Unit 2A–C –“ Generation of Electricity”

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Unit 2A–C lays the foundation for the overall visitor experience by presenting the basic principles of energy and electricity. Three primary topics are addressed. The first, “What is energy?” explains that energy is the ability to do work and describes different forms (mechanical, chemical, thermal, etc.), while reiterating the fact that energy cannot be created or destroyed.

The second topic presents Electricity 101, an introduction to atoms and how the movement of electrons causes an electrical current. A manual interactive invites visitors to supply the “work” by turning a hand crank that illuminates light bulbs overhead, physically demonstrating how electricity is generated on a small scale. Visitors can feel the difference in the amount of energy needed to light an incandescent bulb, a CFL and an LED. Detailed graphics surrounding the interactive offer a view inside the generator and show how to power the generator.

The third topic applies information presented to the concept of transmission on a scale vast enough to power a country such as the United States. Visitors are introduced to the interconnected grid of high-voltage transmission lines that transport electricity from the point of generation to population centers throughout the country. Audiences learn how electricity is pooled in the grid and about challenges involving efficiency and storage.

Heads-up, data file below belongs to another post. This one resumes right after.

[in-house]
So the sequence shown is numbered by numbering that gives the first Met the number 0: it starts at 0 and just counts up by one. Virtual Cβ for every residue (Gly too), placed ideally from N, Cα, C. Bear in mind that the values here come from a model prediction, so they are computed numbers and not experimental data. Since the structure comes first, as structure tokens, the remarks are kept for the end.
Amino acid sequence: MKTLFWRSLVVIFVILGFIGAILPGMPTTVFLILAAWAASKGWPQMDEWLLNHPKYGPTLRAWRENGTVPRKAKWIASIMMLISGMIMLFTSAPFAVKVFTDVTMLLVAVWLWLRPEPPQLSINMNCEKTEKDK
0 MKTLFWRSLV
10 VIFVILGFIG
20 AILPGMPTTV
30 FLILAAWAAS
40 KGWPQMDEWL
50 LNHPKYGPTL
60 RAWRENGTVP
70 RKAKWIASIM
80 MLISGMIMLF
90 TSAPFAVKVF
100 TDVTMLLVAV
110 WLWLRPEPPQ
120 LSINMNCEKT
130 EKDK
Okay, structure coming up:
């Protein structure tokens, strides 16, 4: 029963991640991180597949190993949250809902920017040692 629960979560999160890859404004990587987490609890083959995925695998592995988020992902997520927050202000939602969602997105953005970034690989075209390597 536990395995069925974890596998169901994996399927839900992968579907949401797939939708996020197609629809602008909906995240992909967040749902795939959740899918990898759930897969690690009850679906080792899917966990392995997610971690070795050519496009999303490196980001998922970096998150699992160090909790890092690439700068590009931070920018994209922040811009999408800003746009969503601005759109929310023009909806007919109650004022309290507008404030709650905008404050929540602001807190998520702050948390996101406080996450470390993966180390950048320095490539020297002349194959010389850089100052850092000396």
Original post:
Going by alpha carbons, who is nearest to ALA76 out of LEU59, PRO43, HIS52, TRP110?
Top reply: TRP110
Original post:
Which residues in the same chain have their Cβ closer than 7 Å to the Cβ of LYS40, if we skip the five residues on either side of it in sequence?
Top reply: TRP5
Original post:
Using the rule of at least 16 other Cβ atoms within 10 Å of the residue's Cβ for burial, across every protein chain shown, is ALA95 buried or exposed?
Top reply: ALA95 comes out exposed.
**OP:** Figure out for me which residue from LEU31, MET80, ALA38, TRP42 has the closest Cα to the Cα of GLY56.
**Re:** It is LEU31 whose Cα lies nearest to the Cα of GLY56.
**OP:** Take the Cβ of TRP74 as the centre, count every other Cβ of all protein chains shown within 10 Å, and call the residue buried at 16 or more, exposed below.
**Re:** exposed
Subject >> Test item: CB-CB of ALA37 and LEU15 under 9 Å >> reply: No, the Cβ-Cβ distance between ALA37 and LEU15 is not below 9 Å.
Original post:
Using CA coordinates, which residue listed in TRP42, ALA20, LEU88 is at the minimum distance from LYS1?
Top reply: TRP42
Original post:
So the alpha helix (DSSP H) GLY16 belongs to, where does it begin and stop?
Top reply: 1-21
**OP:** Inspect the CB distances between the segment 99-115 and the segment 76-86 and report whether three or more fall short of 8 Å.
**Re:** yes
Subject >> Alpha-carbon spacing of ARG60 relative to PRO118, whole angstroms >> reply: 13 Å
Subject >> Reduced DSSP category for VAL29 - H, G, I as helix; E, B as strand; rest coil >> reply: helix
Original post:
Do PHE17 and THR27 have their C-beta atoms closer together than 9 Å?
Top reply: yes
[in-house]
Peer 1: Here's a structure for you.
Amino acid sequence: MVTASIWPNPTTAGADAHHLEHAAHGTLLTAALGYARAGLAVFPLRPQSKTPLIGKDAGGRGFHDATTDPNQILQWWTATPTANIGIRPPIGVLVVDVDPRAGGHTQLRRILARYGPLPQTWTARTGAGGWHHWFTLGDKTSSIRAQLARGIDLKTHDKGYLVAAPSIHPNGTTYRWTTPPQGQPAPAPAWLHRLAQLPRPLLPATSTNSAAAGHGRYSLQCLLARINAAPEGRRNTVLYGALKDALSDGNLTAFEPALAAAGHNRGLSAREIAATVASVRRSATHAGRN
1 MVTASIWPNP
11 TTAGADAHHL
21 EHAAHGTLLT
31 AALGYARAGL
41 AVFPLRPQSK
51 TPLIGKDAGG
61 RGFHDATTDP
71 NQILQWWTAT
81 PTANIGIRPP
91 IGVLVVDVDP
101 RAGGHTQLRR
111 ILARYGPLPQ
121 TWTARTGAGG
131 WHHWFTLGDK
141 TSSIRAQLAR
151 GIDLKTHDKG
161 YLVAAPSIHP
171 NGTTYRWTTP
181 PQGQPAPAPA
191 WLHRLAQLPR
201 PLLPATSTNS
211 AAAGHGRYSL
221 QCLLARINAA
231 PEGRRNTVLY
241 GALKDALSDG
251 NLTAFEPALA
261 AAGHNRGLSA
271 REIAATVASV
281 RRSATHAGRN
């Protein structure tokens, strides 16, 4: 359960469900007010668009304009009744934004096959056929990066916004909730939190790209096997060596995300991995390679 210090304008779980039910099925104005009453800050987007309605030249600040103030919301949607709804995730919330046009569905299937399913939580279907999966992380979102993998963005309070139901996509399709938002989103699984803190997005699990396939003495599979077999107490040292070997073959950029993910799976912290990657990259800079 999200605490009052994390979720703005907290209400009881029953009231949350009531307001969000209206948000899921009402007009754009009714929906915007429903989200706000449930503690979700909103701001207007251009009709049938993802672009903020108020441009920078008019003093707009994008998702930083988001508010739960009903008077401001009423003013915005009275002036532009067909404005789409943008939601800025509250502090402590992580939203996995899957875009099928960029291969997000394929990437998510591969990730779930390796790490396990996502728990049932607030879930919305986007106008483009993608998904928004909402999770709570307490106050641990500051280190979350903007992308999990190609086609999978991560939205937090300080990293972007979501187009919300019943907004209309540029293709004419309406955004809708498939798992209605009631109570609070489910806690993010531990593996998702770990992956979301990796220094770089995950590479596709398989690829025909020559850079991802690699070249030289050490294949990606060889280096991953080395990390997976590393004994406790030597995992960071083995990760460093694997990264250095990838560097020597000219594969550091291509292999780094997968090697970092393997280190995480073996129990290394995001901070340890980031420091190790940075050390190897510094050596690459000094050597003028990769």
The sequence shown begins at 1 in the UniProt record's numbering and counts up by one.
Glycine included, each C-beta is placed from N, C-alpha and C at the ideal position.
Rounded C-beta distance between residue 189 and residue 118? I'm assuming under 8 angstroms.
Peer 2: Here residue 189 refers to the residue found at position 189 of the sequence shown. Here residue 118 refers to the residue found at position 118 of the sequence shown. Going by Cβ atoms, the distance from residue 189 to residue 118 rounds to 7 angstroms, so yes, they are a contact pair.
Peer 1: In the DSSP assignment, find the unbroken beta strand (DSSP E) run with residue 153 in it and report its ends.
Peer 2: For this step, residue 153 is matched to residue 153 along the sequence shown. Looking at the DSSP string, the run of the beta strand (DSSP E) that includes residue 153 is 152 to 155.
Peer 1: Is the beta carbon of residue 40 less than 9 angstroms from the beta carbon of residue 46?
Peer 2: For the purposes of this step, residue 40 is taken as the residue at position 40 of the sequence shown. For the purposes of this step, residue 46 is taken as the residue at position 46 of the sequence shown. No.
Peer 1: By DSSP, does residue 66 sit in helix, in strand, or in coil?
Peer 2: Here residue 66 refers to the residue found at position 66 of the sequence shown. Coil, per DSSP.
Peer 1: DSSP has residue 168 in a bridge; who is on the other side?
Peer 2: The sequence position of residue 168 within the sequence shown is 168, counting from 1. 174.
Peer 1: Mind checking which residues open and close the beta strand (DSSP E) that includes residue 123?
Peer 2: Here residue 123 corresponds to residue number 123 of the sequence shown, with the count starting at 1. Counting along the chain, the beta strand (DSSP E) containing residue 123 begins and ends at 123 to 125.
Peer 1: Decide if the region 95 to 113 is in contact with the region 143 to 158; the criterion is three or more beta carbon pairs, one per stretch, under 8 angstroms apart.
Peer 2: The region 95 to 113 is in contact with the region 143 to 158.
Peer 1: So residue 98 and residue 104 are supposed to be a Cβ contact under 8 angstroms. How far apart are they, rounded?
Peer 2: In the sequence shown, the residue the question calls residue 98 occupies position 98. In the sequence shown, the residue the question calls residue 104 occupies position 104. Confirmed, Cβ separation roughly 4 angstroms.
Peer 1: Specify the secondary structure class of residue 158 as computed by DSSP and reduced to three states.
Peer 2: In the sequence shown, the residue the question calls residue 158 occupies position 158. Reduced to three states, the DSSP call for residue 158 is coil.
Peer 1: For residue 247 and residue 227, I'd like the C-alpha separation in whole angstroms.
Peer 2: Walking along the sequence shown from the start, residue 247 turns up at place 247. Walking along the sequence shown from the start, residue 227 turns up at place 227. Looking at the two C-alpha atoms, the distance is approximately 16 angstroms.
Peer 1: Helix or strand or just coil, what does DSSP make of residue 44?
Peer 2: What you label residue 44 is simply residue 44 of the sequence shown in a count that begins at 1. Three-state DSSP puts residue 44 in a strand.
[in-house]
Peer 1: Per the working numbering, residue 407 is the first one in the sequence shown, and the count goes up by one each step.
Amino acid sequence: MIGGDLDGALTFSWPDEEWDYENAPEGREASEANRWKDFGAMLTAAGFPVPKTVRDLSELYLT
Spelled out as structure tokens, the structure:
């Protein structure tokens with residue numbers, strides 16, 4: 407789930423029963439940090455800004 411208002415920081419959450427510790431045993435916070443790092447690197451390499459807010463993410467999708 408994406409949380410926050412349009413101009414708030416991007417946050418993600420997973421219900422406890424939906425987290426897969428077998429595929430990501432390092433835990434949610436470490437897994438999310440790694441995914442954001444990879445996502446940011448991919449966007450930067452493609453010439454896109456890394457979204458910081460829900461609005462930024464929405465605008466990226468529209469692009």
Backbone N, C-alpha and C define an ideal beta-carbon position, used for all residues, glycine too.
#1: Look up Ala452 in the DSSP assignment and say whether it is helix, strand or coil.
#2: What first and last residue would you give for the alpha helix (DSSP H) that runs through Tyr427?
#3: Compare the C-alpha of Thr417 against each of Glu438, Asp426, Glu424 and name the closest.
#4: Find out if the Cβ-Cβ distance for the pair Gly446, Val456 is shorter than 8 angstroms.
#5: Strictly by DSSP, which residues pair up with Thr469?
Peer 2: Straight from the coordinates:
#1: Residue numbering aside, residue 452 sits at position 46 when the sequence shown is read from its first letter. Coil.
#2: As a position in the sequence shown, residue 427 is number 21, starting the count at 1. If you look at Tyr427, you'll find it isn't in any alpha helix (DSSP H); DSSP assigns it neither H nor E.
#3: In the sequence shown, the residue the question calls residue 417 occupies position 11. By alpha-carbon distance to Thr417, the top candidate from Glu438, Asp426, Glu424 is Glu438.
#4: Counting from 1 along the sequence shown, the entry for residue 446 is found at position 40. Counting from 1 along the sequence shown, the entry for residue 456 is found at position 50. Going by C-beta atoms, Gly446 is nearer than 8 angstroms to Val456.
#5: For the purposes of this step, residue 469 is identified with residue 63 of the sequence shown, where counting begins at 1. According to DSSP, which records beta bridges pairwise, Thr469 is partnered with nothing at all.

Another key aspect presented by this unit is regulation. Visitors will glean that electric power generation is one of the most highly regulated industries in the U.S. Illustrations, maps, text and graphics illustrate who has regulatory oversight, how ISOs / RTOs play a significant role in regional distribution, and the impact of traditional electric utilities and nonutility power producers.

Target Audience

Best suited for intended audience:

  • School students in grades 6 through 12
  • General adult audience
  • Specialists in energy industry
  • Government dignitaries and representatives

As this unit emphasizes the basic principles of energy and electricity, it could also appeal to a slightly younger age group with an interest in science (grades 3 through 5) that might enjoy turning the hand crank interactive to produce electricity.

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